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Chapter Summary
Nonconsequentialist theories claim that consequences should not enter into our moral judgments.
Actions are to be judged right or good in accordance with other criteria (intuitions, divine
command, etc.).
Act Nonconsequentialist Theories (anc).
Only individual acts and situations count morally. Cannot generalize from rules or principles
since every situation is different. Appeal to “intuition” and “emotions” to arrive at moral
In support:
1. Immediate sense of right and wrong
2. Humans had moral ideas before the existence of philosophers. These ideas were intuitions.
3. Reasoning in morals is only used to confirm our intuitions.
4. Reasoning on it’s own too often goes awry. Fall back on what “feels right.”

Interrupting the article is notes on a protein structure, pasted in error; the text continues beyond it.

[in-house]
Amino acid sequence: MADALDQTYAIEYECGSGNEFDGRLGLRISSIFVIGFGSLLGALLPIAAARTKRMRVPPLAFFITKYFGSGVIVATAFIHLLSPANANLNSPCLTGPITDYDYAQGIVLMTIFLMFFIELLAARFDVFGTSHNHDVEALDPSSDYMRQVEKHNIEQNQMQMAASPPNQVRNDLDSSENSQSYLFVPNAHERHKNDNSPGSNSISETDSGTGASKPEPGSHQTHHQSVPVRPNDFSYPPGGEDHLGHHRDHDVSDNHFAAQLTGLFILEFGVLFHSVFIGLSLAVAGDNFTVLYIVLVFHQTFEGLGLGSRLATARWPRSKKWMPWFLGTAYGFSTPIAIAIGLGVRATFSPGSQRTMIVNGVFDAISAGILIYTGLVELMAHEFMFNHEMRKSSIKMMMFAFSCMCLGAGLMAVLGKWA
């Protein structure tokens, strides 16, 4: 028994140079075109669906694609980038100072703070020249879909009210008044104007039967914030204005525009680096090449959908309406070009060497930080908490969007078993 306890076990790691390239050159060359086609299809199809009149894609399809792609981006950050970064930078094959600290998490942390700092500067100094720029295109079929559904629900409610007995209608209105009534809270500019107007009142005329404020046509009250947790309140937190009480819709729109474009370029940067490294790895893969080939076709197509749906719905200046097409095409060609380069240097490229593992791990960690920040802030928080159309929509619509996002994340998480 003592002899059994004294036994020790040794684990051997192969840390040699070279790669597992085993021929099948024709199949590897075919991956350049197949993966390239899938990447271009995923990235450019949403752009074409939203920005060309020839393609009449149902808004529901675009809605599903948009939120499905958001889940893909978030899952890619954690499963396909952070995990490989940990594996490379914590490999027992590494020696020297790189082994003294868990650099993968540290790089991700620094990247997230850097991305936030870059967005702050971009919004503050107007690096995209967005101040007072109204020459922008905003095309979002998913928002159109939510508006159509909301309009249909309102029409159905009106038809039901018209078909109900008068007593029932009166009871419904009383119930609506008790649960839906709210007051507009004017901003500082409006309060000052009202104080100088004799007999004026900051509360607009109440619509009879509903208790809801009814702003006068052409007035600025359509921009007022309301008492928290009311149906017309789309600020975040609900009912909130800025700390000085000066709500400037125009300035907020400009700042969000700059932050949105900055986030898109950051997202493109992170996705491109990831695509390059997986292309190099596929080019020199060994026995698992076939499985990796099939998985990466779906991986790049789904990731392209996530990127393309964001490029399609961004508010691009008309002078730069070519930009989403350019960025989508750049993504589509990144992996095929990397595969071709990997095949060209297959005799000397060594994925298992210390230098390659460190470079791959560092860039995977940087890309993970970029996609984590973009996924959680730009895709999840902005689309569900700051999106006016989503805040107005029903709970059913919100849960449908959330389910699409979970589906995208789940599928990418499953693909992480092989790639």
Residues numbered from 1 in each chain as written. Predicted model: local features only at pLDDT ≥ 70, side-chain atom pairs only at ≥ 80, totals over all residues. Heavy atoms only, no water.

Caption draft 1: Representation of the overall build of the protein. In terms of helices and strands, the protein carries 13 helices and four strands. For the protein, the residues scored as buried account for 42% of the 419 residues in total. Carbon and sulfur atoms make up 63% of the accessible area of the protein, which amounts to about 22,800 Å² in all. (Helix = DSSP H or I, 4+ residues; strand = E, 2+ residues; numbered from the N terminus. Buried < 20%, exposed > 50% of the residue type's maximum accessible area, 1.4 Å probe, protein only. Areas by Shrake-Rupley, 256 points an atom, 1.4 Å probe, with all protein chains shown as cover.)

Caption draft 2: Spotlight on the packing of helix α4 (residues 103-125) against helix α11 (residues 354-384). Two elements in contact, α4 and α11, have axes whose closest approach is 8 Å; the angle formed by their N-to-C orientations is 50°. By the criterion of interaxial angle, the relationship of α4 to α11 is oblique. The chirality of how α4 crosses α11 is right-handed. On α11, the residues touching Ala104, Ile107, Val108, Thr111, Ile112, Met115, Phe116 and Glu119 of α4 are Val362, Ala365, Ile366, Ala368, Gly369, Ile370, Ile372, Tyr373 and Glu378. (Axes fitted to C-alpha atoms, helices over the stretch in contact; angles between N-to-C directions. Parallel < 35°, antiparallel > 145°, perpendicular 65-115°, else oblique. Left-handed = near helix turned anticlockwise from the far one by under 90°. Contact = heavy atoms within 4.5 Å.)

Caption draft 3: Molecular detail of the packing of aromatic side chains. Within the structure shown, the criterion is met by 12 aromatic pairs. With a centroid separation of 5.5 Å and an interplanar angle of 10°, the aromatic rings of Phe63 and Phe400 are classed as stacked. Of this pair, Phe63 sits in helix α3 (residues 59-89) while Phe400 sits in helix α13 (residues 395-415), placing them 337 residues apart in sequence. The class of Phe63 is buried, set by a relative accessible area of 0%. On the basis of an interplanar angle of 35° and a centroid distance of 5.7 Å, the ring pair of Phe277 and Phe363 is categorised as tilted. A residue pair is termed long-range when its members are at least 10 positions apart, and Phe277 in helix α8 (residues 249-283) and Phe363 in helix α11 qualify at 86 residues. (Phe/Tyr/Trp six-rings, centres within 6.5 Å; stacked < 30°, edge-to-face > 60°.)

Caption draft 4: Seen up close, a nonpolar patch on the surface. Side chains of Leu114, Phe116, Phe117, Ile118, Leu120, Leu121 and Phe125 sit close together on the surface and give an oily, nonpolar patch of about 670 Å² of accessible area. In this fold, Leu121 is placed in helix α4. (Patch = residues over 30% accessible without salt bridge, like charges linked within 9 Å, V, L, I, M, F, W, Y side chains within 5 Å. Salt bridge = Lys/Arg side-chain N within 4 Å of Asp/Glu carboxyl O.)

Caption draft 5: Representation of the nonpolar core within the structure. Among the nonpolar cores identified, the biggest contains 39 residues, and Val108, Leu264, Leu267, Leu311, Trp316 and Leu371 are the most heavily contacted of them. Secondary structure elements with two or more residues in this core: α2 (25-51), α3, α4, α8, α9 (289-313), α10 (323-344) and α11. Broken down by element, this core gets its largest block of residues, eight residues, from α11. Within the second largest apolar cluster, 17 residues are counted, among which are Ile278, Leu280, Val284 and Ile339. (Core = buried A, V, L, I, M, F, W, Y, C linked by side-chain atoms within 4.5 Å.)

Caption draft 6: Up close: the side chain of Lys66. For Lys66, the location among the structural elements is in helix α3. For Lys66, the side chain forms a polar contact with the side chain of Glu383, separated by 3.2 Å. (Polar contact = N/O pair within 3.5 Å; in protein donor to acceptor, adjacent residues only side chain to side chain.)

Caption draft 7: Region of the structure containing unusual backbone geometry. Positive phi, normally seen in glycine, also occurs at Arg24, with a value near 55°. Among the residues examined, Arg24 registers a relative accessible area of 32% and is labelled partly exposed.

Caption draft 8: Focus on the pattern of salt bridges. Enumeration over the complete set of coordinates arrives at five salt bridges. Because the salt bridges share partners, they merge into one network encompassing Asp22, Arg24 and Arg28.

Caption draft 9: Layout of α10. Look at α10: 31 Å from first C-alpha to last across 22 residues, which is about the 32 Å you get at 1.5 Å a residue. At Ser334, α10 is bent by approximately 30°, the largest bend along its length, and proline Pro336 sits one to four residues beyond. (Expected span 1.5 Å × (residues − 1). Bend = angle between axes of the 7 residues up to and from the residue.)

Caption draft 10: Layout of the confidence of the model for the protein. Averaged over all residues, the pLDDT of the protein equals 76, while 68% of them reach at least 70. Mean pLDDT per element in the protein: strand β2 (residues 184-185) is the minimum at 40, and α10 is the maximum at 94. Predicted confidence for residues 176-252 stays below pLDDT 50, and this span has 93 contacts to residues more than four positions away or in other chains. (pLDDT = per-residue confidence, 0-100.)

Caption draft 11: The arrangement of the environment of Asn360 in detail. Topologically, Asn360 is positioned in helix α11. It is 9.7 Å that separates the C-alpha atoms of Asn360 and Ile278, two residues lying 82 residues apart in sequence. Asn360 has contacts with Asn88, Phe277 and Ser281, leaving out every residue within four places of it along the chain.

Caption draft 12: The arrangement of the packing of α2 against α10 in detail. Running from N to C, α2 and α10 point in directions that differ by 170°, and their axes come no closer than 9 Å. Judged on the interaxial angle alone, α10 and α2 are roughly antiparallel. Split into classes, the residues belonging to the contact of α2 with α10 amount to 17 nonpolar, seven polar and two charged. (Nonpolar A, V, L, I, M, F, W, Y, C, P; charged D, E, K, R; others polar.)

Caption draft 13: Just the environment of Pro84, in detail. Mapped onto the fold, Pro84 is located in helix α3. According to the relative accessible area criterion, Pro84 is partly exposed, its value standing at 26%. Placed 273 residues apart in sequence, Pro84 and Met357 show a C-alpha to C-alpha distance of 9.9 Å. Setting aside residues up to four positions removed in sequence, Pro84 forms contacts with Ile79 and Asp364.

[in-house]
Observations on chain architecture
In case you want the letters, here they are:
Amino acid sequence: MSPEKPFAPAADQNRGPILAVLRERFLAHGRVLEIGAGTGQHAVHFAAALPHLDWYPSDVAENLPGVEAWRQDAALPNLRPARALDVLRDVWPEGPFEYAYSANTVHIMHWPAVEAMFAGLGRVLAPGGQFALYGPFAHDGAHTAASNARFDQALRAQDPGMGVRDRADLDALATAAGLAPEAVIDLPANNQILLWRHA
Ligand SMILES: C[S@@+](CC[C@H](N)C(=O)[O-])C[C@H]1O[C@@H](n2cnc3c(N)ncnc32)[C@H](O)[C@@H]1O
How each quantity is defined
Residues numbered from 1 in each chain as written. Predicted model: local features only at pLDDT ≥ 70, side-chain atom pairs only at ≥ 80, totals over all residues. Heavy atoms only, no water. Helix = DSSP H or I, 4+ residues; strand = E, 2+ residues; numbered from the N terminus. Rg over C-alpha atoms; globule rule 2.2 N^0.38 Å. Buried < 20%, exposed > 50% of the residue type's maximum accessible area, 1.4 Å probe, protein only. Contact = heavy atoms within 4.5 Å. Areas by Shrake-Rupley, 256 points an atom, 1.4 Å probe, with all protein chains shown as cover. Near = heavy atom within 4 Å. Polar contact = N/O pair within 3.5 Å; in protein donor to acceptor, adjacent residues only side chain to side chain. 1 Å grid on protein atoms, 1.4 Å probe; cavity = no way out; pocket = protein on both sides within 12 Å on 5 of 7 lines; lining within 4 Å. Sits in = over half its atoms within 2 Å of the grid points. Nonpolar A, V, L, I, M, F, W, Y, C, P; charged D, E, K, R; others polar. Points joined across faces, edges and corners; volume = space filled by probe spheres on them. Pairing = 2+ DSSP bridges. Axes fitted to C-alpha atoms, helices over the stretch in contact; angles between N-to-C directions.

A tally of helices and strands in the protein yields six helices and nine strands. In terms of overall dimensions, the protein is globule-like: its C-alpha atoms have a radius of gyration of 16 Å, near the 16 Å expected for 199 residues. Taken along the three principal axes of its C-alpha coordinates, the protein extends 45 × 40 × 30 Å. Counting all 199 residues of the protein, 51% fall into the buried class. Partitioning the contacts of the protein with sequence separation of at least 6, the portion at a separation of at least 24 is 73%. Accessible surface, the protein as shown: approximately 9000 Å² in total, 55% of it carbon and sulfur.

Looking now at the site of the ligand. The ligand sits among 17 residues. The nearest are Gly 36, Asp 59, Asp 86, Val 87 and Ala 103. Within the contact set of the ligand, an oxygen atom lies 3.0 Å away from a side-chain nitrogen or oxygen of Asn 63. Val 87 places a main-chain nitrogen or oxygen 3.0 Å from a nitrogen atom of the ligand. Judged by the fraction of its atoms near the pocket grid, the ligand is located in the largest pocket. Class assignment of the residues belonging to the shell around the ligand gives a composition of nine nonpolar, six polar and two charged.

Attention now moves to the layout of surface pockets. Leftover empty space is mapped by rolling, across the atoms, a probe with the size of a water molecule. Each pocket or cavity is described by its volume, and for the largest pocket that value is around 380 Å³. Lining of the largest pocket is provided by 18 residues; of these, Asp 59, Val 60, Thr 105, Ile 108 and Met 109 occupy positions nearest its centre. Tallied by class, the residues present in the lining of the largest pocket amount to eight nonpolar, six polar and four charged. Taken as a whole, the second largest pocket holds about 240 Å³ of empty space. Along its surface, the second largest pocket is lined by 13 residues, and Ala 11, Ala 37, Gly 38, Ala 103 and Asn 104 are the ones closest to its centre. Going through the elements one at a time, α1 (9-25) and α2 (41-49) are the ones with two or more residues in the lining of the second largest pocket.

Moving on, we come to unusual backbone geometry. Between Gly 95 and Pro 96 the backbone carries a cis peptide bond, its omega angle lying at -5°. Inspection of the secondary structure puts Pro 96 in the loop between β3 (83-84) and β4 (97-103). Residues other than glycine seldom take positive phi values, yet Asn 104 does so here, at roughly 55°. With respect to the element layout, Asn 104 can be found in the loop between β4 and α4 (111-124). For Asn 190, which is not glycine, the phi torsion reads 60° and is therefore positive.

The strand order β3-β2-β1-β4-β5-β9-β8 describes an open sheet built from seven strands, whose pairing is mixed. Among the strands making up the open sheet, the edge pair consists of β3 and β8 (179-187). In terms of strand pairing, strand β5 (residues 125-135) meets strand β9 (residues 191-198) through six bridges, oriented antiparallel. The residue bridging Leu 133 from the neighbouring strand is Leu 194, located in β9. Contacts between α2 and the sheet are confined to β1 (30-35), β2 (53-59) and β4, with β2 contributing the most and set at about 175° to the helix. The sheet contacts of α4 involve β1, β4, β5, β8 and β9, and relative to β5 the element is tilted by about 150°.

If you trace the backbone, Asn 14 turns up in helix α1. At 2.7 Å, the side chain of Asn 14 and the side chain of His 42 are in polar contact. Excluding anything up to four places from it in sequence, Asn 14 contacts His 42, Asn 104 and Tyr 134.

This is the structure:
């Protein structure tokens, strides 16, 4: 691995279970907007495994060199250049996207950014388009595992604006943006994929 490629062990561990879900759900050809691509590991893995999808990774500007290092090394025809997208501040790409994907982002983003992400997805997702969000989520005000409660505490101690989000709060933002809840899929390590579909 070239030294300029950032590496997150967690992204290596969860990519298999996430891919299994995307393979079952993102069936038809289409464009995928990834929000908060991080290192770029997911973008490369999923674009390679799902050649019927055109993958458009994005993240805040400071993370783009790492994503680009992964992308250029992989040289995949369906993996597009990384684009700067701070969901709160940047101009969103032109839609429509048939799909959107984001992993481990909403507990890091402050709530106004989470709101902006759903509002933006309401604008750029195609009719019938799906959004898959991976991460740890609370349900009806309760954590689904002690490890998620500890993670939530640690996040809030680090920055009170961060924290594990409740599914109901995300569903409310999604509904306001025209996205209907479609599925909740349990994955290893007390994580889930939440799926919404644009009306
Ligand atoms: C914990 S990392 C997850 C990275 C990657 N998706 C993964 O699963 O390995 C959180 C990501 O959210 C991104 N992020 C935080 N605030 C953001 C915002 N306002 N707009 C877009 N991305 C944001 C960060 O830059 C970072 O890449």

Arguments against:
1. Intuitions are wild guesses
2. No proof that we have innate moral sense
3. Intuitions can’t be critiqued
4. Absence of intuitions in some suggests either lack of morals or morals based on other
Criticisms of Act Nonconsequentialism
1. If we all have different intuitions then there is no way to resolve conflicts.
2. How do we know that our intuitions are good moral guides?
3. How can we know when we have sufficient evidence to support our intuitions?
4. How can our intuitions be good for all?
5. How do we justify our intuitions?
6. Are our momentary intuitions all we have to make moral decisions?
More generally:
1. Are all acts completely unalike?
2. Is one individual’s intuition sufficient?
Rule Nonconsequentialist Theories (rnc)
Rnc’s believe that there are or can be rules to guide our moral judgments independently of their
consequences. How these theories differ is in terms of how they establish the rules to be
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